Charitable contribution deductions are tax deductions you may be eligible for due to charitable donations you gave within the tax year. The charity you donate to must be an IRS-approved charity, sometimes called a 501(c)(3) or 501(c)(4) entity. Approved IRS charities must be US-based (even if they perform work overseas) and must be formally approved. Giving money to unapproved organizations or individuals (such as giving money to a homeless person on the street) is not considered to be a charitable donation by the IRS.
Charitable deductions are generally limited to 50% of your annual income, so giving away 75% of your income to charity will still only see 50% of it being tax deductible. You can give away cash, goods, products, or property to the charity, and different rules apply for cash and non-cash goods.
If the charitable donation is a cash amount less than $250, you must have a receipt from the charity showing that you gave them the money. If the amount is $250 – $5,000, you must have a receipt and also an official letter from the charity stating the date and the specific dollar amount that you gave them. The date on the letter must be before the day that you file your tax return. The letter must also state that you received no goods or services from the charity in exchange for your cash donation. If you give over $5,000 to charity in cash, you need the aforementioned receipt and letter, as well as a signed special appraisal.
The rules are slightly different for non-cash goods, such as clothes, stocks, properties, vehicles, household items, or other things that you may donate. If you give non-cash goods to a charity that are worth over $500, you must fill out IRS form 8283, giving specific information about the goods and their value. This form is very detailed, as people have often tried to abuse it in the past and claim that their contributions were worth more than they actually were. It can be hard to value more everyday items such as clothes and appliances, though many e-filing systems use websites such as eBay to determine the value of your everyday goods.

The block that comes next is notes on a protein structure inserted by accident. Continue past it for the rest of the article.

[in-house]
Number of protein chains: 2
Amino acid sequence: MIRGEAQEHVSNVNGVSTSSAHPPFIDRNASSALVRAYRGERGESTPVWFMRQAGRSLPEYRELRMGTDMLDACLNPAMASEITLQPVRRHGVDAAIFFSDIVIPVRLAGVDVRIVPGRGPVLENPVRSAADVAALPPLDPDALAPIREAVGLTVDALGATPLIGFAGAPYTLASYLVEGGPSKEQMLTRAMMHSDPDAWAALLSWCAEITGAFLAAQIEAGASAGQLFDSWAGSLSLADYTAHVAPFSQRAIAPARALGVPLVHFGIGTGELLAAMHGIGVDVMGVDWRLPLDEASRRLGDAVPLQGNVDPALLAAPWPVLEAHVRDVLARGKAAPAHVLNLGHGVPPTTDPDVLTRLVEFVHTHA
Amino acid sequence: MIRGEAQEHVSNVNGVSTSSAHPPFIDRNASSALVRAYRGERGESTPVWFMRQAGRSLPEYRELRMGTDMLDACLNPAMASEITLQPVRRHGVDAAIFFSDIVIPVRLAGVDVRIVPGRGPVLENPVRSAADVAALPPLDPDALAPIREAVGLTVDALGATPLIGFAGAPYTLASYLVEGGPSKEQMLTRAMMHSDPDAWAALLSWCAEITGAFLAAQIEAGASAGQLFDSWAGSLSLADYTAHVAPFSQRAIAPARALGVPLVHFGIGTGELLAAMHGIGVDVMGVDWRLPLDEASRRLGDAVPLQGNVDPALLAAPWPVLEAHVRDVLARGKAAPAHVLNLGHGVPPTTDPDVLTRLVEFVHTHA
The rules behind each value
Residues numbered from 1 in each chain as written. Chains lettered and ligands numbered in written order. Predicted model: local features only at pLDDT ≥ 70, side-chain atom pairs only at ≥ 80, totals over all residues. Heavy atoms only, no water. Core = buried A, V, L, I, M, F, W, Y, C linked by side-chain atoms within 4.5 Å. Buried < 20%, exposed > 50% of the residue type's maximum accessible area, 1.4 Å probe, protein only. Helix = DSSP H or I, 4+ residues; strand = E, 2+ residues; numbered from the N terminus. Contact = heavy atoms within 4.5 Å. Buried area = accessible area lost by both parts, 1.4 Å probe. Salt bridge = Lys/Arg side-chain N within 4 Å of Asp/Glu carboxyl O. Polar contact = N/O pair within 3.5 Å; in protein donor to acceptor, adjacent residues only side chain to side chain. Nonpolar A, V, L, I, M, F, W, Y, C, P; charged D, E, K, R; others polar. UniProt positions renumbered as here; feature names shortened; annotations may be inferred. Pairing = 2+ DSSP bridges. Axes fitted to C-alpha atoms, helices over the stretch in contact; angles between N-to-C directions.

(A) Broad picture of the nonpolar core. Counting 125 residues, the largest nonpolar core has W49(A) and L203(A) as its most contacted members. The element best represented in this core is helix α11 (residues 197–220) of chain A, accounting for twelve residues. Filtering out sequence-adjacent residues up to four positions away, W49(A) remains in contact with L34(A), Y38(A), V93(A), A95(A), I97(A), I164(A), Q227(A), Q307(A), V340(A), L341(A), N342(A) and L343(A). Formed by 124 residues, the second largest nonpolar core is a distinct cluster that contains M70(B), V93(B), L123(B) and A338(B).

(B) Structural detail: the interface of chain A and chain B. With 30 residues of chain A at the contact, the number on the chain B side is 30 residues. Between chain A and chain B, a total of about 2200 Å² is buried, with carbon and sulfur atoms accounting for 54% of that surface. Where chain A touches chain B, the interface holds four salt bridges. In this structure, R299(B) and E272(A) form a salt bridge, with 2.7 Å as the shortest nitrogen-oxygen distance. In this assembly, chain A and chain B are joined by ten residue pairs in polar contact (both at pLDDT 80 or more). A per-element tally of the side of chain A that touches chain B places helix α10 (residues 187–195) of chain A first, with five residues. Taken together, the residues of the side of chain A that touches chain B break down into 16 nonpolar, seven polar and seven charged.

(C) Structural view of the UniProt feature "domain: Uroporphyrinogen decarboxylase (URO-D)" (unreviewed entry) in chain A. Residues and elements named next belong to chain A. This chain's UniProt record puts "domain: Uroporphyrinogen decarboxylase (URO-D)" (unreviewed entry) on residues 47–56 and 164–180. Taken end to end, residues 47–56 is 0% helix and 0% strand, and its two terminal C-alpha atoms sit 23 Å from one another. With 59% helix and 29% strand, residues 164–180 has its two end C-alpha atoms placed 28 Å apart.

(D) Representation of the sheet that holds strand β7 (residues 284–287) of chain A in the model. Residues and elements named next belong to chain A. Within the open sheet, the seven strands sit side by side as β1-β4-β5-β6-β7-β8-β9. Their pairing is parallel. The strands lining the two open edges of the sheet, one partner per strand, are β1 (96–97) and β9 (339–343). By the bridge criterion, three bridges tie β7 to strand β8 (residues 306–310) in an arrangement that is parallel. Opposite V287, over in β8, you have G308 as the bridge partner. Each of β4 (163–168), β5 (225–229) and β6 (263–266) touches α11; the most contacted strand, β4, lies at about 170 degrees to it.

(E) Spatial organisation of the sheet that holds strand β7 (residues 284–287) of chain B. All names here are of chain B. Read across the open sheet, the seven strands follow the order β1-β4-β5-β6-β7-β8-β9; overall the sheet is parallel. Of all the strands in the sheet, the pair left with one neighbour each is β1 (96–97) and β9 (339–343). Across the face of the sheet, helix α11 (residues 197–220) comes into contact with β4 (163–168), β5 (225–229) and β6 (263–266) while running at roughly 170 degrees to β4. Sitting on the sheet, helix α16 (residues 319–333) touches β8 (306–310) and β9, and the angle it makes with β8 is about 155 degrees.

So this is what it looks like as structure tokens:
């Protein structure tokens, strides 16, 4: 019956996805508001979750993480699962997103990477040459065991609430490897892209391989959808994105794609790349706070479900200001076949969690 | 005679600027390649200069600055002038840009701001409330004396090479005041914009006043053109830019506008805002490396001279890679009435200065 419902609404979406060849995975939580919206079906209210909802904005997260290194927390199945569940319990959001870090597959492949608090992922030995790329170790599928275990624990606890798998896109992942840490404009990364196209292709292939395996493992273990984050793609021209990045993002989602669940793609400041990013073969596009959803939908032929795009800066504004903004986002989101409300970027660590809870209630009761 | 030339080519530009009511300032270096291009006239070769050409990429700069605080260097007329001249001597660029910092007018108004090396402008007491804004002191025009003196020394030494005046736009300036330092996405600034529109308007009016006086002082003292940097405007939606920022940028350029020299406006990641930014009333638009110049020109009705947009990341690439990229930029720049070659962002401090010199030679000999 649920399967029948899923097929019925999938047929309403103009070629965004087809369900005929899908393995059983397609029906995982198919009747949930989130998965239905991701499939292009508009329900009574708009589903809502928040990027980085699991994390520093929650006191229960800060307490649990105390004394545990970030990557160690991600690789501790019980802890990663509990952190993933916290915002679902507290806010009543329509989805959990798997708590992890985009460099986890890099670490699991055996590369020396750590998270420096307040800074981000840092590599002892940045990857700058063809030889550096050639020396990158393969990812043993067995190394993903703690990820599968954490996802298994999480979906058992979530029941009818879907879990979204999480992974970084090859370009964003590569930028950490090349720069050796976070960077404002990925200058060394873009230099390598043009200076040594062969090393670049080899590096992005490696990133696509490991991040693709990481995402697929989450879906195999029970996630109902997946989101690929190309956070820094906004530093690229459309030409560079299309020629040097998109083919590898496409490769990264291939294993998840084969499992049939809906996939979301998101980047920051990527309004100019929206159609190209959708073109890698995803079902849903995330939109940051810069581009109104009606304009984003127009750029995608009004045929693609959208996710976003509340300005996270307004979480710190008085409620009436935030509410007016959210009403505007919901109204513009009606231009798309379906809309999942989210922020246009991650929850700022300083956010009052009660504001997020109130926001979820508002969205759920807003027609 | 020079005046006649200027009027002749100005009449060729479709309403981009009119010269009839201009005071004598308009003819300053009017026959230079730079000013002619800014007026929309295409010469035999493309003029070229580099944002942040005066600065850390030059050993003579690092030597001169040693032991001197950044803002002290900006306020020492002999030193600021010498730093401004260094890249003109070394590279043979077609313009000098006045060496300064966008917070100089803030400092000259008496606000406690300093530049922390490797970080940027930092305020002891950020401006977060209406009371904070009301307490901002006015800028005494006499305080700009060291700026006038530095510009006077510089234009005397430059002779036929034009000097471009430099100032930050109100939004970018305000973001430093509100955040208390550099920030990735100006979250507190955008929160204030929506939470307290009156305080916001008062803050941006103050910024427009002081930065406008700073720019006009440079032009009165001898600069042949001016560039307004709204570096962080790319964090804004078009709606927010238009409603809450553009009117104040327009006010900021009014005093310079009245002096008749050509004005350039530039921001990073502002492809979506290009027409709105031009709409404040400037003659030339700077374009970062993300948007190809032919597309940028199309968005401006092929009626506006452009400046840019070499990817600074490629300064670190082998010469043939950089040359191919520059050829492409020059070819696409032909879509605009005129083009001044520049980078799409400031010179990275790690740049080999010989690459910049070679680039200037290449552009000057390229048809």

For non-cash donations that are over $5,000 in value, there is a complicated process in place. For non-cash donations over this amount, the IRS insists that a special independent appraisal is conducted, and it is best to contact a professional tax advisor to sort this out for you.
The benefits of charitable contribution deductions are generally the same as any other tax deduction; your overall taxable income will be reduced, which thereby reduces your overall taxable liability. For example, if you earn $50,000 per year and give away $10,000 to an IRS-approved charity, only $40,000 of your income will then be subject to tax. Charitable deductions require you to itemize your tax deductions, which means that you won’t be able to apply for a tax standard tax deduction, which could make your tax filing process more complicated than normal for some people. Nevertheless, donating to charity is a noble act, and you should be rewarded with deductions!